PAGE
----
While we've had hints and suggestions as to how the Aspects and the varying dragonflights came to be, it's never been truly defined. And when we made our trip to Northrend in Wrath of the Lich King, the proto-drakes found roaming the peaks and valleys of the continent were an intriguing puzzle. How did dragonkind make that leap from proto-drake to dragon? Who was Galakrond, and how did his existence tie into the existing dragonflights? Was he the father of all dragonkind in a literal sense, or in a far more figurative fashion?
Perhaps most importantly, at the dawn of the Age of Mortals, does any of this information really matter at all? If you're at all interested in the history of Azeroth, the answer is a resounding yes.
Part one of the tale is a confusing cavalcade of visions witnessed through the eyes of Kalecgos, the final Aspect of Magic who barely began his career before it met an untimely demise at the moment of Deathwing's defeat. It's an almost dizzying blur of visions that don't quite make sense, given what we know of dragonkind so far. But I found myself just as easily pulled into the tale as I have with any other Warcraft novel, if not more so -- frankly, the promise of finally seeing some of the oldest events in Azeroth's history is something I've been waiting for, for a very long time.
But we really have to begin at the beginning of the book, which is also an end, in a way. Kalecgos has been struggling with the definition of the dragonflights and how, exactly, the flights fit in with the rest of the world ever since Deathwing's defeat. Part of this struggle was highlighted in Tides of War, but we really begin to see it come to a head in this novel. And within that first chapter, several questions that have been brought up time and time again since Dragon Soul's end cinematic are finally addressed.
Given that, what is a world without dragons like? Kalecgos seeks to answer that question even as old draconic traditions like the Wyrmrest Accord come to an end. Yet that answer really isn't a simple black and white, and before it can even begin to be addressed Kalecgos discovers an artifact buried beneath the skeleton of Galakrond, one which sends him on a vision quest through the eyes of Malygos at the dawn of time -- but Malygos and his fellow Aspects are not Aspects at this point in time.
The book may seem confusing, but I suspect it's because we've only seen part one of the tale so far. The journey has only just begun, and the significance of what Kalecgos has yet to witness has not yet been wound into the tale as a whole. As with any time Knaak has written a tale involving dragons, the characterizations of the Aspects and their kin are excellent. You really get a sense of the enormity that Kalecgos, that all of the dragons are facing -- the enormity of their eventual extinction.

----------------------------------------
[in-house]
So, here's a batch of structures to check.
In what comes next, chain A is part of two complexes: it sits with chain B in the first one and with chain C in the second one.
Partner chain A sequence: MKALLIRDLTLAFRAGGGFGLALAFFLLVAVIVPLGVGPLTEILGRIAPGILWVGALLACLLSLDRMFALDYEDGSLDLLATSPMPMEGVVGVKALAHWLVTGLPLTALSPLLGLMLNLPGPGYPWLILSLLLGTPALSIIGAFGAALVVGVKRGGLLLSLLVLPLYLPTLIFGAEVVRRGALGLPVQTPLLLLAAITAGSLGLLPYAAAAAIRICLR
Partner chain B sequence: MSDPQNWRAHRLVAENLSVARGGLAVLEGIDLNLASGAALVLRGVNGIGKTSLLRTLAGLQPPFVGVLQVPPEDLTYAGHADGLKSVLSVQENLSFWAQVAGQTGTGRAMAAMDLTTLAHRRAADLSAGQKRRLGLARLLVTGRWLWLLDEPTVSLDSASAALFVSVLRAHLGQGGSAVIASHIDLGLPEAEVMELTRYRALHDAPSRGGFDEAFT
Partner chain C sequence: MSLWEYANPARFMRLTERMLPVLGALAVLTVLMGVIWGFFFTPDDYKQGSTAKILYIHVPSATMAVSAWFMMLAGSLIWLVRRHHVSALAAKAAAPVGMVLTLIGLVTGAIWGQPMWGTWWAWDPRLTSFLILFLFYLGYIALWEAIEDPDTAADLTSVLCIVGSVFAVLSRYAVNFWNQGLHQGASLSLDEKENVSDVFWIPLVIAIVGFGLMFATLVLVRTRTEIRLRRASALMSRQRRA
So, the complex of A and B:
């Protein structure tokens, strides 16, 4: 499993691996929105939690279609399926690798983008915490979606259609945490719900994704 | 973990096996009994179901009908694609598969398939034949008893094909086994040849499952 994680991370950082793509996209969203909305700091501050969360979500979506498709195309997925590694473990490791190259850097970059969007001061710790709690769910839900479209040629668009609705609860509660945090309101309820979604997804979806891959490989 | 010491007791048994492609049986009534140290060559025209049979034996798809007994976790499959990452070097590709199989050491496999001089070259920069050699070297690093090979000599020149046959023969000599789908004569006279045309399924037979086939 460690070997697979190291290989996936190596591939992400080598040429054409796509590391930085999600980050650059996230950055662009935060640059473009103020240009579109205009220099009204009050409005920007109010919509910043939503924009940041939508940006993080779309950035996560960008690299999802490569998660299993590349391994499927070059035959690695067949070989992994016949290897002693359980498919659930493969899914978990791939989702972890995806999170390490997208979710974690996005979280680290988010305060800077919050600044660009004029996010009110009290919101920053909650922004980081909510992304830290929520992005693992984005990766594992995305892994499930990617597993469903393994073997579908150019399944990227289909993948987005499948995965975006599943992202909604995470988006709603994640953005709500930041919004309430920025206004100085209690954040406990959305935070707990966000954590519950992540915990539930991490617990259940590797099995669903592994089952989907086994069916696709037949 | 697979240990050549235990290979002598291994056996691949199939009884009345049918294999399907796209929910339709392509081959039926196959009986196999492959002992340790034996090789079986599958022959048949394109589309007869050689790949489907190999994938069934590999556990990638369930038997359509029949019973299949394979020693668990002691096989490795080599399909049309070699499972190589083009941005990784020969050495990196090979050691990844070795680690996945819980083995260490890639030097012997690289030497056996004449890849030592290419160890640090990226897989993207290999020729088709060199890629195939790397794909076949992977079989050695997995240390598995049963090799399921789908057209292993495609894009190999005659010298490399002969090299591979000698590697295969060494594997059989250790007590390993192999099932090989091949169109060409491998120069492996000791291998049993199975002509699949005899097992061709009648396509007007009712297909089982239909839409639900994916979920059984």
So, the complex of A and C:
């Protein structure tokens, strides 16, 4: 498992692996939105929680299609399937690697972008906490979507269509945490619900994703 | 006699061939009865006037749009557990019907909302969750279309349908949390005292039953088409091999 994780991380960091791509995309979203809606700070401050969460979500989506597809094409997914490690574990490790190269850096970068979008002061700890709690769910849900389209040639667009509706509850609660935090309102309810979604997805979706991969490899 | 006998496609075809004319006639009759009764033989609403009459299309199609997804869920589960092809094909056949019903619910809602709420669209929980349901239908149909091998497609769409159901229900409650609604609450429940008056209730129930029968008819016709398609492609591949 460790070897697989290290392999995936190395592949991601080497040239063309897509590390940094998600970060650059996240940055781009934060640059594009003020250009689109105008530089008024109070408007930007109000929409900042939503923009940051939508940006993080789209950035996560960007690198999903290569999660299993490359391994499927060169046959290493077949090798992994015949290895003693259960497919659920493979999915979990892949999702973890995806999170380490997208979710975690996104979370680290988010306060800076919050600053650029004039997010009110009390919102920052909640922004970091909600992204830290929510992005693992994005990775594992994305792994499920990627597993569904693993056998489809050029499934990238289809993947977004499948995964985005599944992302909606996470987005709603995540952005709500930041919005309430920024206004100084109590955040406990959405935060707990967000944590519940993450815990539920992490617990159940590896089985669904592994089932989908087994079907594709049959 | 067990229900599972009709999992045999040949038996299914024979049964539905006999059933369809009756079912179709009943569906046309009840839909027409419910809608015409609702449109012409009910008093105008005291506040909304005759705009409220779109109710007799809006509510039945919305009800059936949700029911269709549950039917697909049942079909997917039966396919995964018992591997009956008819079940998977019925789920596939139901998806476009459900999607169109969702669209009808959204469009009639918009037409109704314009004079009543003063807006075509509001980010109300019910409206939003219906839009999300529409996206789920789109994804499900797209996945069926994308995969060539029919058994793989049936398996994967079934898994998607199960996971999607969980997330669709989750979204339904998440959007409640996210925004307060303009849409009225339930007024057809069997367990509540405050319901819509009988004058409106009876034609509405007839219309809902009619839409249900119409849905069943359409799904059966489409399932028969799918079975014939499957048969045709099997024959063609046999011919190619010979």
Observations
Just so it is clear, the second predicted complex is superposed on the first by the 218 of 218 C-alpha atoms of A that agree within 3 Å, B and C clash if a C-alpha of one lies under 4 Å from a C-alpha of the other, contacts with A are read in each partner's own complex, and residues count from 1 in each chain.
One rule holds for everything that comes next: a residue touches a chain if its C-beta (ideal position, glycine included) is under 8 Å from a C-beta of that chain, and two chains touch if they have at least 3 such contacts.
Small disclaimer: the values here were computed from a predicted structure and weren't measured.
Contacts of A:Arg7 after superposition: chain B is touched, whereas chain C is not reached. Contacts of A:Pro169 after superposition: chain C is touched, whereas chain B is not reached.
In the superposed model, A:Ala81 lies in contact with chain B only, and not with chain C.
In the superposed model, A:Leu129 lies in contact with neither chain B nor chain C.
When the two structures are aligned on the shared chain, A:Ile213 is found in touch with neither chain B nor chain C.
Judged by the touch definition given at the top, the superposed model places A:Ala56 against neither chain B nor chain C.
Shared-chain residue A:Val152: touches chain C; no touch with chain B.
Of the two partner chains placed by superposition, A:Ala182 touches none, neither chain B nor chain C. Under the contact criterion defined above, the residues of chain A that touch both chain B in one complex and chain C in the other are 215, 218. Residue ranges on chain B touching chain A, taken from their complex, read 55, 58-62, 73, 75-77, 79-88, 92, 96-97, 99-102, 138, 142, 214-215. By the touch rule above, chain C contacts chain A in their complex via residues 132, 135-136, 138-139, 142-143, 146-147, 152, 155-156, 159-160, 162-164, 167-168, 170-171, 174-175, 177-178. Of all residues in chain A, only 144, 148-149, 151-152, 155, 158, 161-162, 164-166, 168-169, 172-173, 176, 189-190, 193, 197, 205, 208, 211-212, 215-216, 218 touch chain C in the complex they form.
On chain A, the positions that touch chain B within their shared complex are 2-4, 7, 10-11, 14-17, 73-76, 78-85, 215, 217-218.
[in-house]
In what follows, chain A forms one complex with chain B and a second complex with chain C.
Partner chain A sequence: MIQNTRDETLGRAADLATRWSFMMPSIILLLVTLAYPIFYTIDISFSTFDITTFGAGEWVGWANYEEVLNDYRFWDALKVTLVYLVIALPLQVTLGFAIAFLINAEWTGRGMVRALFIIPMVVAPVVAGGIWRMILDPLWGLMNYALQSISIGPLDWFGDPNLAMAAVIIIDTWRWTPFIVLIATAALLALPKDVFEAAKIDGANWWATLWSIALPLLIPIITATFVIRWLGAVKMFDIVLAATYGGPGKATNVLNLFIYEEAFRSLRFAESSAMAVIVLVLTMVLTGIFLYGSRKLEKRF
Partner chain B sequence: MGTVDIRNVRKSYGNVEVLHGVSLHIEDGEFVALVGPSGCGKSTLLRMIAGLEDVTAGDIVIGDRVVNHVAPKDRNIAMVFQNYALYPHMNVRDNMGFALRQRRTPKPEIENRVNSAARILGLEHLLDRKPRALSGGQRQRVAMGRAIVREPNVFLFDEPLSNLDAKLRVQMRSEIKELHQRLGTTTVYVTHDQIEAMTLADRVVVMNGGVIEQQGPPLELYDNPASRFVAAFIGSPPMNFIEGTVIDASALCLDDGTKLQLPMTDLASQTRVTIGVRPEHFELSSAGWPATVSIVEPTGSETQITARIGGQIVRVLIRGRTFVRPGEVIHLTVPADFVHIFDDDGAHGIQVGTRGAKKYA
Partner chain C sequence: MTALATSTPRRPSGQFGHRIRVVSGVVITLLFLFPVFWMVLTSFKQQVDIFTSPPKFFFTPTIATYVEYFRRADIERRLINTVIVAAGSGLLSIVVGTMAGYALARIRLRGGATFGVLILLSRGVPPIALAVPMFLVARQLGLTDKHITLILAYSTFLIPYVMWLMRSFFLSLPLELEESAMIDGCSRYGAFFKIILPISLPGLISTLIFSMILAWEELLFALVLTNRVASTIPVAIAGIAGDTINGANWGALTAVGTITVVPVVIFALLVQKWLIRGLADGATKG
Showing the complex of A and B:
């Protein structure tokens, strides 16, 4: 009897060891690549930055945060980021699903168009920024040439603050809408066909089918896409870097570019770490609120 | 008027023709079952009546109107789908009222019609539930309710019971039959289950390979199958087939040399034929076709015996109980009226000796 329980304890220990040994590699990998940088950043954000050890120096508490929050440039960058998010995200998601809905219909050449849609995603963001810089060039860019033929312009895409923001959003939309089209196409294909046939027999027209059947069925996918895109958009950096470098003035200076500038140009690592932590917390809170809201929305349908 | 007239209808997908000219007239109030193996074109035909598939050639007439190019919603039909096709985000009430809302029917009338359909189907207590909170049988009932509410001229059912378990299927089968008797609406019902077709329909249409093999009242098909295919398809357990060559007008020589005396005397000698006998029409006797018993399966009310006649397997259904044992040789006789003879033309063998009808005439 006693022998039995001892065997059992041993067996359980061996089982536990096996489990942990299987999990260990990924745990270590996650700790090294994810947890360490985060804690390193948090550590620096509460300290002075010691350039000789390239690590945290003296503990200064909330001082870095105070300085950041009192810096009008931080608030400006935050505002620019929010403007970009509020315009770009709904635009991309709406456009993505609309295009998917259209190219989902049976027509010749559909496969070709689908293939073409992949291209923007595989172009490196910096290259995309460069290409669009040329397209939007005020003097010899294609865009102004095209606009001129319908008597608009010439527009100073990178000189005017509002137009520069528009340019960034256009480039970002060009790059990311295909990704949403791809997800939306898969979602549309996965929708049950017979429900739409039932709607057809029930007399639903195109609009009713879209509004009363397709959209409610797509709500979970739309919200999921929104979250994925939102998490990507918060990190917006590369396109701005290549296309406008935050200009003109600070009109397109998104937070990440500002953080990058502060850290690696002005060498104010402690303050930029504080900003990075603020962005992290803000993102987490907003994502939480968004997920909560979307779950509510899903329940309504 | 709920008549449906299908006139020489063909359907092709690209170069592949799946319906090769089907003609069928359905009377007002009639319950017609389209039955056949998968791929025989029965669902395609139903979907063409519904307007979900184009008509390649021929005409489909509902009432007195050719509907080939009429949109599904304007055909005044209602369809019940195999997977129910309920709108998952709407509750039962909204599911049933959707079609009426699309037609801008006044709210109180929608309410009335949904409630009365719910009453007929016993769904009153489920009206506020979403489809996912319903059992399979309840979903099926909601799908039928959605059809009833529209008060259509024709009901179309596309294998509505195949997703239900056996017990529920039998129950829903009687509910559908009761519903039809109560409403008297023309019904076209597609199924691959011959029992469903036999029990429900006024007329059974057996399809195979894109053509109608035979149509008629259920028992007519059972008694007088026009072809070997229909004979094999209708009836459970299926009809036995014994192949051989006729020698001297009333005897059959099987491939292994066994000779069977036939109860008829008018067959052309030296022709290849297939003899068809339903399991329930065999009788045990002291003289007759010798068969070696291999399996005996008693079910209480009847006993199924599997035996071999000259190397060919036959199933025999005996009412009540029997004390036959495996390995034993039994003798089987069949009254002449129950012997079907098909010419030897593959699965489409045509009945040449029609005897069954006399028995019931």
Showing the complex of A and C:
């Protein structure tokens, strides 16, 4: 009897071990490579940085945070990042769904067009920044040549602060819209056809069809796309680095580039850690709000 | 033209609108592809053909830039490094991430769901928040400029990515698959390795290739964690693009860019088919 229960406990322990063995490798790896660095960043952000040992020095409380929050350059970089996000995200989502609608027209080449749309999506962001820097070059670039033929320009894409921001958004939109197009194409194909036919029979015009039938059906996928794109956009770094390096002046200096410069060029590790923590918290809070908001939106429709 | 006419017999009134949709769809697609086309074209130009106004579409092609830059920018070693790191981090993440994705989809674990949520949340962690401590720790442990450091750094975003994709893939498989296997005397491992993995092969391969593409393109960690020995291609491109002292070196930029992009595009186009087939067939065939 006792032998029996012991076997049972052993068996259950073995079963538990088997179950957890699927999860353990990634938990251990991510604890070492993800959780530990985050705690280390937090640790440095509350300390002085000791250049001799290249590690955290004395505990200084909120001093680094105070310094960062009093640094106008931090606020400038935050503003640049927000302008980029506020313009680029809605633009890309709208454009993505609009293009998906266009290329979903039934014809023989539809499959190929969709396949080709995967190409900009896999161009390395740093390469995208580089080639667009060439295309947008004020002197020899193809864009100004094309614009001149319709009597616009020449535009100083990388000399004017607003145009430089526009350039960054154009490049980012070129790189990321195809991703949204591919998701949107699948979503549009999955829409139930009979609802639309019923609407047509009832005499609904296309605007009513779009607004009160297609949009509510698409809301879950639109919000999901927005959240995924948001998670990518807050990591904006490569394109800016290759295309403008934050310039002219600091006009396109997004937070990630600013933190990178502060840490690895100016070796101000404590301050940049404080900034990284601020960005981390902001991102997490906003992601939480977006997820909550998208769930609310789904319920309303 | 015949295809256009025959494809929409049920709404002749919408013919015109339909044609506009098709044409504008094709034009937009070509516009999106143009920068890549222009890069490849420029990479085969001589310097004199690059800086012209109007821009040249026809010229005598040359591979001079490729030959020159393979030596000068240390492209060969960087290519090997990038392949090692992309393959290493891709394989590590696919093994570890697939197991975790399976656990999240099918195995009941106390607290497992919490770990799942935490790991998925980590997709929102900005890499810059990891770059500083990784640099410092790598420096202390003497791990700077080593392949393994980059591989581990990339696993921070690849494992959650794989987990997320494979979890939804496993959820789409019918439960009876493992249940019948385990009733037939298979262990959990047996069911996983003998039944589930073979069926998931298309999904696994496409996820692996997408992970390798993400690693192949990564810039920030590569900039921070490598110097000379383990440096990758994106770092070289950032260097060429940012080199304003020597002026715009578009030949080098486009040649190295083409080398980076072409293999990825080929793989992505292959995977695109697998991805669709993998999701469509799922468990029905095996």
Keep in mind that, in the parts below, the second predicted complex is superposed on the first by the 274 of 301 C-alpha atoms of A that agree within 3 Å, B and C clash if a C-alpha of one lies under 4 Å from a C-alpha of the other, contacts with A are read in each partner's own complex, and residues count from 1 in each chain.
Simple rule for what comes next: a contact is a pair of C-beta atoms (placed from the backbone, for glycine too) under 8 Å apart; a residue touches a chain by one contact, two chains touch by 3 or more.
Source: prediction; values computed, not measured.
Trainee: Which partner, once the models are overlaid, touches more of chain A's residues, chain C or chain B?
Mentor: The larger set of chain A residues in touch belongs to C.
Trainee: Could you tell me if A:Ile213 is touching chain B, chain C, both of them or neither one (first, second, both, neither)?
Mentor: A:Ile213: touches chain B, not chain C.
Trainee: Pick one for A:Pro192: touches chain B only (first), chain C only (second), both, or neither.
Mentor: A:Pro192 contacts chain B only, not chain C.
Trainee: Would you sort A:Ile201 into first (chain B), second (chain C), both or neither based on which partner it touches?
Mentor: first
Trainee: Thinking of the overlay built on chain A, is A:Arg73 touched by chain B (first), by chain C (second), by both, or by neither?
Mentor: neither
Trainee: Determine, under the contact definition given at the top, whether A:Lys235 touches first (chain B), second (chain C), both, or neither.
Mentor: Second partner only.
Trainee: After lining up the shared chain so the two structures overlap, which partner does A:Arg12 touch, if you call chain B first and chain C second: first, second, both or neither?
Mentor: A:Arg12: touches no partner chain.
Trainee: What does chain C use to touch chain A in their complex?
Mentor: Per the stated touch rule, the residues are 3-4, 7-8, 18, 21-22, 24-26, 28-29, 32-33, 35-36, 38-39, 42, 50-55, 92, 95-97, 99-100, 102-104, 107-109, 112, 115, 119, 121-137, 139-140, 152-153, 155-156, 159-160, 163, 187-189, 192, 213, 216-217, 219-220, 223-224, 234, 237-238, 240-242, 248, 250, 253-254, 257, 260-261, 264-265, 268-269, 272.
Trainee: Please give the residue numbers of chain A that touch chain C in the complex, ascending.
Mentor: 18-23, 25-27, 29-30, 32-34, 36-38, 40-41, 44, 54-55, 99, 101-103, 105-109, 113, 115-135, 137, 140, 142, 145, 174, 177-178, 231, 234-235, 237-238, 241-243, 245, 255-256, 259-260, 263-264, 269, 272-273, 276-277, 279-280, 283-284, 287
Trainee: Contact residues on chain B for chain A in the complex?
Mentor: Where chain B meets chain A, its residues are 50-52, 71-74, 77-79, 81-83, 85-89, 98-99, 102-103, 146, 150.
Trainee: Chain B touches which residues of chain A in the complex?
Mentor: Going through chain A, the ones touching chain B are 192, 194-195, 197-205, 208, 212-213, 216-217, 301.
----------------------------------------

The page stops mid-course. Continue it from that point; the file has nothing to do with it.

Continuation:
But even more interesting is the development of the proto-drakes from mounts we happened to obtain in Wrath of the Lich King to a full-fledged species. Yes, they are primitive, but they are primitive in the ways of the vrykul, the kvaldir, or any of the other ancient species roaming Northrend. Seeing their existence in primordial Azeroth is fascinating, as is the promise of seeing how they came to be the dragons we saw today. We're getting the story of a missing link, and I couldn't be happier about that.
Does this merit addressing in the game itself? Not really. Everything we needed to be told was addressed at the end of Cataclysm; the future of the dragonflights after that point in time doesn't really merit definition at this point in time. Mists of Pandaria is that first step into the Age of Mortals, and as such we should concern ourselves with mortal matters -- the duty of the dragonflights is over, and doesn't really factor into in-game events.
That said, while I did not have any problems with the book itself, no qualms about character development or the validity of the tale, I wasn't entirely happy with Dawn of the Aspects. Part of this is because the book is only available in ebook format at this time. This means that instead of curling up on a couch with a few pillows and the satisfying feel of pages in my hands, I have to read it at my computer -- unless I'd like to go out and spend the money on a Kindle or a Nook. Needless to say I am settled in my ways and I'm not even remotely interested in such things.
More jarring, however, is the fact that this is a multi-part series being released over time. I'm not sure what, exactly, led to this decision, but I'm not a fan of it. The fact is, part one ended on a cliffhanger and now I'm really wanting to read the next chapter -- but I can't until part two is released in March. Instead of being delightfully frustrated until the next section is released, I find myself simply frustrated, the wait tinged with irritation rather than eagerness.
Even though I find myself annoyed by the format and the release schedule, I'd still recommend purchasing part one of what is shaping up to be a fascinating story. Those that had questions about the Aspects, those that are interested in exploring Azeroth's unique history, those that still wonder where the dragons fit in in today's Azeroth will be more than satisfied with what's been presented so far. And even though Dawn of the Aspects part one has raised a multitude of questions, it's answered many, many more in those first 90 pages. I can't wait to see what the rest of the story holds.
Dawn of the Aspects part one is available in several different ebook formats for a wonderfully low $1.99. For Kindle users, head to Amazon -- for all other formats, including PC, iPod, Nook or Android, head to Simon & Schuster. Part two should be available on or around March 18.